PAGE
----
What is the falling action in Of Mice and Men?

Expert Answers
e-martin eNotes educator| Certified Educator

The answer to this question will depend on where we believe the climax takes place. 

We might argue that the climax of this book occurs when Lennie kills Curley's wife. This is the moment to which the book has been building. Lennie has snuck away to be alone and has killed (again, like he did in Weed) without meaning to hurt anyone. The latent violence in Lennie's character emerges with horrific results. 

This scene is presents the greatest peak of tension in the story and fulfills several predicted/foreshadowed outcomes. We see here the reason behind George's worry that Curley's wife would cause trouble for Lennie and we see as well the darker side of Lennie's innocence, which is a complete lack of self-restraint or self-control.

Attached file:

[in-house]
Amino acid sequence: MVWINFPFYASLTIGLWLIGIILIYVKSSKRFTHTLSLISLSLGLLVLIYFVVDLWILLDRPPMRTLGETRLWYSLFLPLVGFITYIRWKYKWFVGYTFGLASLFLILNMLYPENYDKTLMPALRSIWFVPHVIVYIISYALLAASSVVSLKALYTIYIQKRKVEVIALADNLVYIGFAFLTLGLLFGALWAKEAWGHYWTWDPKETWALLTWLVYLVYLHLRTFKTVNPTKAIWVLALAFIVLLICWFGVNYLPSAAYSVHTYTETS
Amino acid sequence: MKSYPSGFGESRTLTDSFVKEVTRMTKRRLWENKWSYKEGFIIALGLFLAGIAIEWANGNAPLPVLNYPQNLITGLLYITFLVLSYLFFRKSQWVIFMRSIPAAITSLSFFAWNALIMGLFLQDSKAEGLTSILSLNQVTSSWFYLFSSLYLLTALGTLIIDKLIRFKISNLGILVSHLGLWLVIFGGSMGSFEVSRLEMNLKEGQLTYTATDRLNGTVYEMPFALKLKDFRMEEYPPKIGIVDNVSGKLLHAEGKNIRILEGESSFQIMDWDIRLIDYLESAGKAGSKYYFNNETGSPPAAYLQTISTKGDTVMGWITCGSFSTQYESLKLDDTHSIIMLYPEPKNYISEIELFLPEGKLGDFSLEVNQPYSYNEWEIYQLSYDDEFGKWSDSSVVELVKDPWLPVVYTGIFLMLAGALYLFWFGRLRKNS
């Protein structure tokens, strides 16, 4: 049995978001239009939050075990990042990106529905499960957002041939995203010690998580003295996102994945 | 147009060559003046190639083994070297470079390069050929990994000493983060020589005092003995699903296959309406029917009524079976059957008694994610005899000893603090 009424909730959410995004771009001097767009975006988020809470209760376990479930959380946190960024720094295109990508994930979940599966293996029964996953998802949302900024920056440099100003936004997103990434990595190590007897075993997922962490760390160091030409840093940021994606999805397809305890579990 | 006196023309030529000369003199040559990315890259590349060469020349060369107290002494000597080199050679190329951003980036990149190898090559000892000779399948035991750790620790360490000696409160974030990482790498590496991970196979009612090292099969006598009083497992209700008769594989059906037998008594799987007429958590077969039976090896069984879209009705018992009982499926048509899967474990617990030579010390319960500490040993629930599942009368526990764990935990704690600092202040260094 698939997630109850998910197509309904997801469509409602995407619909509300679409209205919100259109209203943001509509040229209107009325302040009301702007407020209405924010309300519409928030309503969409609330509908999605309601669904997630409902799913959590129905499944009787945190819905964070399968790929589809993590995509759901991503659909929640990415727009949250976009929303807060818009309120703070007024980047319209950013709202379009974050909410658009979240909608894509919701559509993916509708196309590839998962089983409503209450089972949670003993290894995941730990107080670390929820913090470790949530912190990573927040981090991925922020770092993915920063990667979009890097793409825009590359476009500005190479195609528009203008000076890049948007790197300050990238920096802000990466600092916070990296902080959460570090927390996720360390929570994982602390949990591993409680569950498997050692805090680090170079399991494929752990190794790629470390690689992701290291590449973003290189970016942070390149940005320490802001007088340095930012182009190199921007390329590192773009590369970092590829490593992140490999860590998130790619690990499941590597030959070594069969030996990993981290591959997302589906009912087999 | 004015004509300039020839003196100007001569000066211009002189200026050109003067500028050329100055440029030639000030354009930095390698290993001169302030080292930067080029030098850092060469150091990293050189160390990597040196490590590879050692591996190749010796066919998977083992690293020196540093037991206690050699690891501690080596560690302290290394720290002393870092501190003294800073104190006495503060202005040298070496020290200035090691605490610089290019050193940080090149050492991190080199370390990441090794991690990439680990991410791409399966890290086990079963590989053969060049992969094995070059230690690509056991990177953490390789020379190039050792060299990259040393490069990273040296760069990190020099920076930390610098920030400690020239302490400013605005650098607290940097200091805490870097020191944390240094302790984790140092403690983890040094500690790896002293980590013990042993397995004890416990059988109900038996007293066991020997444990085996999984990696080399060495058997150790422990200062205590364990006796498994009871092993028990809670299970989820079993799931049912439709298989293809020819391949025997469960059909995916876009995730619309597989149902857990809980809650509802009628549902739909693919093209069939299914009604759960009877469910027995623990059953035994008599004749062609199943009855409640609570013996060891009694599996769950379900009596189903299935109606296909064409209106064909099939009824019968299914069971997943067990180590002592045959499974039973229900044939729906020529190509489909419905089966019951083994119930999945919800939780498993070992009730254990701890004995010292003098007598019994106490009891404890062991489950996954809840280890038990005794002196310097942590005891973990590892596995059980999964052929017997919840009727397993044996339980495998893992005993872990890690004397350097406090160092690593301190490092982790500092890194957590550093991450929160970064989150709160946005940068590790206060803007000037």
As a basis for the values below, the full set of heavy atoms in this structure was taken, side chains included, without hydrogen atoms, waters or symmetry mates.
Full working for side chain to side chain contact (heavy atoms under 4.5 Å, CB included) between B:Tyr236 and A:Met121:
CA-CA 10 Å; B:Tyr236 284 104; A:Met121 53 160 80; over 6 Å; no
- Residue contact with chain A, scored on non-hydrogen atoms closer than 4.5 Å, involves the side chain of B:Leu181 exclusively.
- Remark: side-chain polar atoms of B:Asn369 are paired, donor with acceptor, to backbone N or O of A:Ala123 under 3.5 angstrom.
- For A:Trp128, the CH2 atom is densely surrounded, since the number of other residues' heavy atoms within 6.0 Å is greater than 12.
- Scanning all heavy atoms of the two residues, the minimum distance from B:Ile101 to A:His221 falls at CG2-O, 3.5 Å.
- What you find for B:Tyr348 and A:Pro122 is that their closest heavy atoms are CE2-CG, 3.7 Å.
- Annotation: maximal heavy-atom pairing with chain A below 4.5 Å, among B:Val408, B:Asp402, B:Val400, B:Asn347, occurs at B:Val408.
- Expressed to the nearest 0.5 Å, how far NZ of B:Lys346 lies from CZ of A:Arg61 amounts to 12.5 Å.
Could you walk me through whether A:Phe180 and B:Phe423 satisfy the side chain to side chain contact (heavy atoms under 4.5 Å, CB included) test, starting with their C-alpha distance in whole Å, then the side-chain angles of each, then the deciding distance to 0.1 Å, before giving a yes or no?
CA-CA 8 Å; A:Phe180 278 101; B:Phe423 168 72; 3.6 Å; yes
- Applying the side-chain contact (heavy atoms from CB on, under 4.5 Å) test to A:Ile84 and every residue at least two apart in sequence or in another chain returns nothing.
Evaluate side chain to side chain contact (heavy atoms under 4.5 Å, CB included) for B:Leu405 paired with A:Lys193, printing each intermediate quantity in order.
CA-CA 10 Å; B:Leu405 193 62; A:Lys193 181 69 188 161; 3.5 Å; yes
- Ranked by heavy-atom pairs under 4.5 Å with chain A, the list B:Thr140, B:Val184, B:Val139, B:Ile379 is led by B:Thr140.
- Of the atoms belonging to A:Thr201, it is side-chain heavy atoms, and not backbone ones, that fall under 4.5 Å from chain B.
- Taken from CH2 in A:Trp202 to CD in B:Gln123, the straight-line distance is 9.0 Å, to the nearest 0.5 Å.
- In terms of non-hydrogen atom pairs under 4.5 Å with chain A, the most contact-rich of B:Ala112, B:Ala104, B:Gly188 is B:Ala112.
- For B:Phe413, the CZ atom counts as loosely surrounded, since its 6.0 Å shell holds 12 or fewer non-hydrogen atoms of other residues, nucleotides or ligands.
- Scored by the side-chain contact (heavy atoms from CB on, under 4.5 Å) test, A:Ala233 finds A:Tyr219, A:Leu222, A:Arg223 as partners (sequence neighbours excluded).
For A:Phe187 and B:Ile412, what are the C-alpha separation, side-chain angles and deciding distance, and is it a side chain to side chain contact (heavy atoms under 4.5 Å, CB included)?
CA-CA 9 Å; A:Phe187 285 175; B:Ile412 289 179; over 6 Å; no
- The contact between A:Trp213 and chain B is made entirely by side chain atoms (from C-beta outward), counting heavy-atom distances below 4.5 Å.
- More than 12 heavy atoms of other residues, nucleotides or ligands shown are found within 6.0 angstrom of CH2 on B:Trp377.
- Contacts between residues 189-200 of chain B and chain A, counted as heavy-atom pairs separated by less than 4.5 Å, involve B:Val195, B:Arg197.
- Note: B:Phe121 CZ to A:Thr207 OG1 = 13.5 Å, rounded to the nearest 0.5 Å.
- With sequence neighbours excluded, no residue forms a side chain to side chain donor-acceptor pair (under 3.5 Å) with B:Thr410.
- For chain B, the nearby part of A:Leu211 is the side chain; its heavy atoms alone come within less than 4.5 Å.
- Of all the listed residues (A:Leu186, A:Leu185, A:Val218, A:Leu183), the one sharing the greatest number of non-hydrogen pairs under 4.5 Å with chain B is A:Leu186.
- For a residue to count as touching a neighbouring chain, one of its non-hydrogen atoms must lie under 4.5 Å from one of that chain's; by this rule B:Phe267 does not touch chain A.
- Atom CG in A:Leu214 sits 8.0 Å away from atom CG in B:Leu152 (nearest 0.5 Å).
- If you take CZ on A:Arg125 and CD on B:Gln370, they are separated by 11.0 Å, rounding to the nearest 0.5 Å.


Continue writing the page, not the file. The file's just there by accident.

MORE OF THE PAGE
When he does touch her hair he is too rough, and she tells him to stop, but he continues to clutch it.

If we view this scene as the climax, the falling action of the story consists of the brief hunt for Lennie and George's act. We can say that George shooting Lennie is the effective conclusion of the book. 

However, if you prefer to identify the climax of the story as the moment when George shoots Lennie, there is very little falling action. George admits to Slim that Lennie had killed a woman in Weed and the two walk off.